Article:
From bronchial ball games to pipe cleaner DNA, children and their families explored Imperial Festival.
This year, the Festival featured the Hands On Zone, a new dedicated area for families set amongst the bluebells in Princes Gardens.
Children donned lab coats and safety goggles to learn about what makes up an element.
The young scientists learned about neutrons, electrons and protons, and made some model atoms by putting different numbers of marbles and pom-poms into a small pot.
Young visitors had fun with bubbles at the medical imaging stand. Demonstrating a technique used to deliver drugs to specific parts of the brain, children held bubbles made with dry ice which popped with a puff of smoke.
Children also learned about surgical techniques, manipulating small beads in petri dishes inside a model torso using a video feed.
Children played a bronchial ball game, trying to get good bugs into the lungs through the alveoli, and made model lungs out of paper bags and straws. Messy Monster, the star of the CBeebies TV programme, Messy Goes to OKIDO, made appearances throughout the weekend.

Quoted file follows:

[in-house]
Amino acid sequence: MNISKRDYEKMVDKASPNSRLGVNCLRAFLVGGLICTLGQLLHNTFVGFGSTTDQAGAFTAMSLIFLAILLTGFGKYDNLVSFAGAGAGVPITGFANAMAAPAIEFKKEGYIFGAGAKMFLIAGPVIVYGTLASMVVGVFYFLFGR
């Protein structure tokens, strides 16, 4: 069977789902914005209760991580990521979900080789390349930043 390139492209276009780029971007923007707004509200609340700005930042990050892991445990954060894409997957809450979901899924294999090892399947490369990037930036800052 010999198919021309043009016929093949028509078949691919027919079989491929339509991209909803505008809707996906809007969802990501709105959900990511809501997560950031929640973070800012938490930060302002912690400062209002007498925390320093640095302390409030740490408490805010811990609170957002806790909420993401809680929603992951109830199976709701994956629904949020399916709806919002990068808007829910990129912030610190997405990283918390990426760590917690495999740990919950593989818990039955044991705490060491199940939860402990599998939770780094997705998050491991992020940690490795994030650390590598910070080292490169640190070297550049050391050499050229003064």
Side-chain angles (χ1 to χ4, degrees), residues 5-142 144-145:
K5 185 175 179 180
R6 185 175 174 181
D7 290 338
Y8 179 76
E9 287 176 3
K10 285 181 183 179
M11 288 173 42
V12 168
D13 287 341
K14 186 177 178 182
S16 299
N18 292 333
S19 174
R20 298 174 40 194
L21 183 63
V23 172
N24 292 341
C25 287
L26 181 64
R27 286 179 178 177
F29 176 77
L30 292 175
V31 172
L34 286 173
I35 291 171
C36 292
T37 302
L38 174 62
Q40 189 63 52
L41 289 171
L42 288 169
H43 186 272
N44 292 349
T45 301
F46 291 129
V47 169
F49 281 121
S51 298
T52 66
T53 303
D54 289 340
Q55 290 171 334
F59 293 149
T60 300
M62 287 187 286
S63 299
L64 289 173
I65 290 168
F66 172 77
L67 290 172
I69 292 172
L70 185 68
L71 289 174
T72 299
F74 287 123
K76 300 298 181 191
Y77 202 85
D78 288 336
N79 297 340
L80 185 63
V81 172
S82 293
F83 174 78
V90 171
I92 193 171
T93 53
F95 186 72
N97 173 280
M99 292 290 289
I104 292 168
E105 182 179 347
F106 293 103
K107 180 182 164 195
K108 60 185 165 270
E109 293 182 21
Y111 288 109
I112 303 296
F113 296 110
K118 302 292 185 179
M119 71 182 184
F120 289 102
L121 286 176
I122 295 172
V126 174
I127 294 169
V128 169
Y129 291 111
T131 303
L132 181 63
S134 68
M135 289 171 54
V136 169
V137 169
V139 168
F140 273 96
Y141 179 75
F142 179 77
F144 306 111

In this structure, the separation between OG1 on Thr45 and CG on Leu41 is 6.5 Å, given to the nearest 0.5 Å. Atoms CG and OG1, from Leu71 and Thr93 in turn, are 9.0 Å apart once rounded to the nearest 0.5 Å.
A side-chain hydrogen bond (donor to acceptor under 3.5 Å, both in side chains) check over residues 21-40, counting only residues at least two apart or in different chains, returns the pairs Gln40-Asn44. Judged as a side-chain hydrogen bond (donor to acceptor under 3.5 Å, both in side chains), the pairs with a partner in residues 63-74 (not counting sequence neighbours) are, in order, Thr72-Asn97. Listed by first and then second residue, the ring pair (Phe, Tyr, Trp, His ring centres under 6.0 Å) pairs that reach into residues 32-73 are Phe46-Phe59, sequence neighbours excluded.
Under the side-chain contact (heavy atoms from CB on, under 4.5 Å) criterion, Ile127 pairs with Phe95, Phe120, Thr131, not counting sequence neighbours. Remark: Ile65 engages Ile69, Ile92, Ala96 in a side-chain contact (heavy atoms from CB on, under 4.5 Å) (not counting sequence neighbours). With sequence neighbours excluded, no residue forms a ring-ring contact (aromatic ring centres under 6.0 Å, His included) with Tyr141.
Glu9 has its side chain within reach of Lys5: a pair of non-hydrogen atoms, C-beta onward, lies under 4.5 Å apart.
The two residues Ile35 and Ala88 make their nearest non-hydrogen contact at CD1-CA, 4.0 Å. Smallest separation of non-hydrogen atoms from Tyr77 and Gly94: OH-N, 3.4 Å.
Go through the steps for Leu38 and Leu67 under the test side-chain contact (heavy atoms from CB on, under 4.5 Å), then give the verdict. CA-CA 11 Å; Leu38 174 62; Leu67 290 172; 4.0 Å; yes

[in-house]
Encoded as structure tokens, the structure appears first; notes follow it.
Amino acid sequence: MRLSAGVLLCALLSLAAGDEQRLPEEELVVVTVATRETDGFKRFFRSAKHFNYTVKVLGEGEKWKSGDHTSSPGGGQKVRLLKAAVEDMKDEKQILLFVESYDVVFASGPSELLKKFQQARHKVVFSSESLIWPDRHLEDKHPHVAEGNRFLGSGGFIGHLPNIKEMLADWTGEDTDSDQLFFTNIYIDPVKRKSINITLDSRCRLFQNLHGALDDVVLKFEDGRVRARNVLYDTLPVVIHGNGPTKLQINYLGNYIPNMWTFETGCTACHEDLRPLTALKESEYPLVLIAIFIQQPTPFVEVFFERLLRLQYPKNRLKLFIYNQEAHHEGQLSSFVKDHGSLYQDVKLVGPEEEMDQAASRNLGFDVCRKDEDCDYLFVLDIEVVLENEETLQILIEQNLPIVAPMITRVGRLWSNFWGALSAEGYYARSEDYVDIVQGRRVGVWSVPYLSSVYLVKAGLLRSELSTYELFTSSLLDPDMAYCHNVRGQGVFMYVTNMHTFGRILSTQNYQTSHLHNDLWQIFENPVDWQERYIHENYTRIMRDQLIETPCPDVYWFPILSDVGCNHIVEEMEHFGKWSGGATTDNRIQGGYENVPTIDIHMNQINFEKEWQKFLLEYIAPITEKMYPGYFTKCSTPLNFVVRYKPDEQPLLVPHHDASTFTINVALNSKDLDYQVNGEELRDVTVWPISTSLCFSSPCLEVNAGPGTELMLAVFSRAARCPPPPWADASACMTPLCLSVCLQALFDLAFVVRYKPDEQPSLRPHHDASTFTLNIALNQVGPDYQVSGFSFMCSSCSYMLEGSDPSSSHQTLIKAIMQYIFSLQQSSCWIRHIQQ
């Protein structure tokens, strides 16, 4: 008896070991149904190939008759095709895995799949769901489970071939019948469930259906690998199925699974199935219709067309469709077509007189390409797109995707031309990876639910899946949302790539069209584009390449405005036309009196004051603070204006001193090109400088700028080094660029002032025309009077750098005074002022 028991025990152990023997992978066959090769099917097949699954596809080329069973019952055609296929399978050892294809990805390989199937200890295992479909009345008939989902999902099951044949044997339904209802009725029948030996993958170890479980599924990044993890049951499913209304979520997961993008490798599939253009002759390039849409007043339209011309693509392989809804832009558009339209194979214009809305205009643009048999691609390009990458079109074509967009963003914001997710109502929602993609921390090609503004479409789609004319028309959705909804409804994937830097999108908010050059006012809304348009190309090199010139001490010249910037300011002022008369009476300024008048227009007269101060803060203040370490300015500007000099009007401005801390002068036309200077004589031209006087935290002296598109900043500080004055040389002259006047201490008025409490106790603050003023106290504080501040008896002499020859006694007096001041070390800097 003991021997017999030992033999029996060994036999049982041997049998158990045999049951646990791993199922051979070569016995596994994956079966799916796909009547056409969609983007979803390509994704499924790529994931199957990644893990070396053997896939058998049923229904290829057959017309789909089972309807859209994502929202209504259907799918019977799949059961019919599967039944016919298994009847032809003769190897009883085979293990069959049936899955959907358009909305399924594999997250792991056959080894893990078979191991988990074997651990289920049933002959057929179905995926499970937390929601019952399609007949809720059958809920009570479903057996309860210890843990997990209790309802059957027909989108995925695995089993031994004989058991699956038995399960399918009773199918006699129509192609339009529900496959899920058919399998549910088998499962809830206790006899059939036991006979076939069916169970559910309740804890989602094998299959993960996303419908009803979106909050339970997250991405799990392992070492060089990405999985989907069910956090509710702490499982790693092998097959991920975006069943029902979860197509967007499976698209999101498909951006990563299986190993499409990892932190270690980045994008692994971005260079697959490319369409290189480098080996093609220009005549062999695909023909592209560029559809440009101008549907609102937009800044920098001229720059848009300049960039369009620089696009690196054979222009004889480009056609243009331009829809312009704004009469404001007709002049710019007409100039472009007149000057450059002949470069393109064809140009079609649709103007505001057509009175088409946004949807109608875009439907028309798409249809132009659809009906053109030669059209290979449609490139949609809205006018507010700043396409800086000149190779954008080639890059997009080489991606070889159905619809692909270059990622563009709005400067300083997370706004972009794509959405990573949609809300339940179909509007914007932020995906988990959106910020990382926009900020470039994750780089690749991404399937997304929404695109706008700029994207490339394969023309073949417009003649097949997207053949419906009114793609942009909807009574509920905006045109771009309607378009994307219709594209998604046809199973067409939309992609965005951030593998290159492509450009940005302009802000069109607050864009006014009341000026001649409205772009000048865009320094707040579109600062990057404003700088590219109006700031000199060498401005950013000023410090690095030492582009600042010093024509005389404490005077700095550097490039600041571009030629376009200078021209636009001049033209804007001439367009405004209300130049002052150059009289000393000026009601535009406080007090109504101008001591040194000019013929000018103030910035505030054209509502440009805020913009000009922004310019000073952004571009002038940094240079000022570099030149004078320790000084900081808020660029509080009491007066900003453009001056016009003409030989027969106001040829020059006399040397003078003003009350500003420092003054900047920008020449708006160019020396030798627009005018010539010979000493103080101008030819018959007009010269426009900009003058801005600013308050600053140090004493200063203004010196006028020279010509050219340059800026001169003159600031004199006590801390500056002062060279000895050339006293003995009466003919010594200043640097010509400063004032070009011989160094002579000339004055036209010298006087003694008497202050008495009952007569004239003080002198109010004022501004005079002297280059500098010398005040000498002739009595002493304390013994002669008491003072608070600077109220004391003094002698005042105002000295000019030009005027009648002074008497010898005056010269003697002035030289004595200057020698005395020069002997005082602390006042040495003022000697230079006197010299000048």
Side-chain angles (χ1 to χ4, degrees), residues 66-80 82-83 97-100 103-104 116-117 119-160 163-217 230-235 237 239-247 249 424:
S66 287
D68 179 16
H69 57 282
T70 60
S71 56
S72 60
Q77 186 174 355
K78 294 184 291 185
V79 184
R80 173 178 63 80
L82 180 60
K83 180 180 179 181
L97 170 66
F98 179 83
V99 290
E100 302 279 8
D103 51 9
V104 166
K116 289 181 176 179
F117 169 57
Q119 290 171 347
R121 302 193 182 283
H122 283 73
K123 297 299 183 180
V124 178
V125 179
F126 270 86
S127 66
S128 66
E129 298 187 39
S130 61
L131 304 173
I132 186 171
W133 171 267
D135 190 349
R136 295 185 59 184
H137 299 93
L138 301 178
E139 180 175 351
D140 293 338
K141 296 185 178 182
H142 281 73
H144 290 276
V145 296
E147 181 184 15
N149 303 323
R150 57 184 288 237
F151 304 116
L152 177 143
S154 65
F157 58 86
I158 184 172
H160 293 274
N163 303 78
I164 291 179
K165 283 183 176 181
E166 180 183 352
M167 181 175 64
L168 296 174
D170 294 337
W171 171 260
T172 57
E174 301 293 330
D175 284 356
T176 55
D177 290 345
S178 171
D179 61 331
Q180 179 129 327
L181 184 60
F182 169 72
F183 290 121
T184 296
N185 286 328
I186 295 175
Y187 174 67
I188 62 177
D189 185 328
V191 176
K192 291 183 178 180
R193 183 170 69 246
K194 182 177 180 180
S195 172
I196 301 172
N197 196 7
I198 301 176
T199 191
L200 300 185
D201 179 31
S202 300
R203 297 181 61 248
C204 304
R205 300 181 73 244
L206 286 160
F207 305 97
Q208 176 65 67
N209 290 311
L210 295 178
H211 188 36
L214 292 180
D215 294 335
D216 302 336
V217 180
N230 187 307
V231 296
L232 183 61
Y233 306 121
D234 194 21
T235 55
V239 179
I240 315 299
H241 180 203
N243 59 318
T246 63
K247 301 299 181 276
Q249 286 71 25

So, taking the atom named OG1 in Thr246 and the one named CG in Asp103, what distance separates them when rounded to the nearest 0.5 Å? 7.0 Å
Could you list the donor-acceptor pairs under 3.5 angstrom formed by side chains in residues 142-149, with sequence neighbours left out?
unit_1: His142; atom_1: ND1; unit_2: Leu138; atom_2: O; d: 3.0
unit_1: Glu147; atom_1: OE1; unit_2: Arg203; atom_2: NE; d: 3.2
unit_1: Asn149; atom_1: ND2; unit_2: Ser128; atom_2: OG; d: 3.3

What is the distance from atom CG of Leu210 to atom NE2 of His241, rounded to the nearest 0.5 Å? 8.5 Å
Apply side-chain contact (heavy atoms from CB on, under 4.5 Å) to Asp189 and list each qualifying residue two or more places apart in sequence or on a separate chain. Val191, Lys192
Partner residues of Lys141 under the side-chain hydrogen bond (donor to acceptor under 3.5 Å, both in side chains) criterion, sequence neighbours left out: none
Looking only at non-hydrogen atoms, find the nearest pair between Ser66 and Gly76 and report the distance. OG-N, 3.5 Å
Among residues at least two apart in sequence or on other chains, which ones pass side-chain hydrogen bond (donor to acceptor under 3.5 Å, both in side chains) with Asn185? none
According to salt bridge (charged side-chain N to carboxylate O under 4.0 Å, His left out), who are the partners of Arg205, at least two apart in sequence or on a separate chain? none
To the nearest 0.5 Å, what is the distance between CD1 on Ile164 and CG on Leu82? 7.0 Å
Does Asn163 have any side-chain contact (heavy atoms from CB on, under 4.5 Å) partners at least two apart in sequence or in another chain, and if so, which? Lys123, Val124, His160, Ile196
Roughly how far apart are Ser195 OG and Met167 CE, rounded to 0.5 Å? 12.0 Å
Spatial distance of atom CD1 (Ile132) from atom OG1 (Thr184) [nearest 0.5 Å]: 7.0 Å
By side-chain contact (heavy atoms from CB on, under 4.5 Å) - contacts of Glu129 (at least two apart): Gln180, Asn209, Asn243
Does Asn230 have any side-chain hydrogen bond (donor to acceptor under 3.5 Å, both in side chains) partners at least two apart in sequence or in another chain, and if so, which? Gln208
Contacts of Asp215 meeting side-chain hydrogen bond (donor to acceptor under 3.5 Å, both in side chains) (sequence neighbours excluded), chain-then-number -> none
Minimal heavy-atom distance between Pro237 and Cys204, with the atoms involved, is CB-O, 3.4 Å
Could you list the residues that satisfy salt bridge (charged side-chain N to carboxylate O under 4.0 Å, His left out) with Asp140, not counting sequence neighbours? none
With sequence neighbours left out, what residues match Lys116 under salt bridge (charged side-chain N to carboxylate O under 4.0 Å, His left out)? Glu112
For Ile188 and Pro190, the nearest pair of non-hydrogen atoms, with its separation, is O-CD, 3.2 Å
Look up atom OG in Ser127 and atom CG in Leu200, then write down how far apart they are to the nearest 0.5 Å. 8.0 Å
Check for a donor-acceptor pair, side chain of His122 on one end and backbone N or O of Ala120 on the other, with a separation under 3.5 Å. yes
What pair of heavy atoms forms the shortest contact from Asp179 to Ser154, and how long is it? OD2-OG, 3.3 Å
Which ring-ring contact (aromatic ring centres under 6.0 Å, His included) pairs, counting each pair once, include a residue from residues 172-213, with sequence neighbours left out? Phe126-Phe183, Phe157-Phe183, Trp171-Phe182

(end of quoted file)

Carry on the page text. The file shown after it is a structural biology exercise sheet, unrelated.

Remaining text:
Across the Festival
All the zones at the Festival offer activities for the whole family to explore.
The Superbugs Zone was already buzzing just 15 minutes after opening time. Children made their own models of bacteria, with plasticine for the plasma membrane and pipe cleaners for DNA.
Children put four mini robots to the test in the Robot Zone in a game of robo-football.
In the Cure-iosity Zone, children were drawn to the Game of Genomes stand, offering the chance to extract DNA from fruit and build DNA models from gummy bears.
In the marquee next door in the Enginuity Zone, children gathered for their chance to create their own squiggle machine.
Article text (excluding photos or graphics) © Imperial College London.
Photos and graphics subject to third party copyright used with permission or © Imperial College London.
Thomas Angus [Photographer]
Communications and Public Affairs
Leave a comment
Your comment may be published, displaying your name as you provide it, unless you request otherwise. Your contact details will never be published.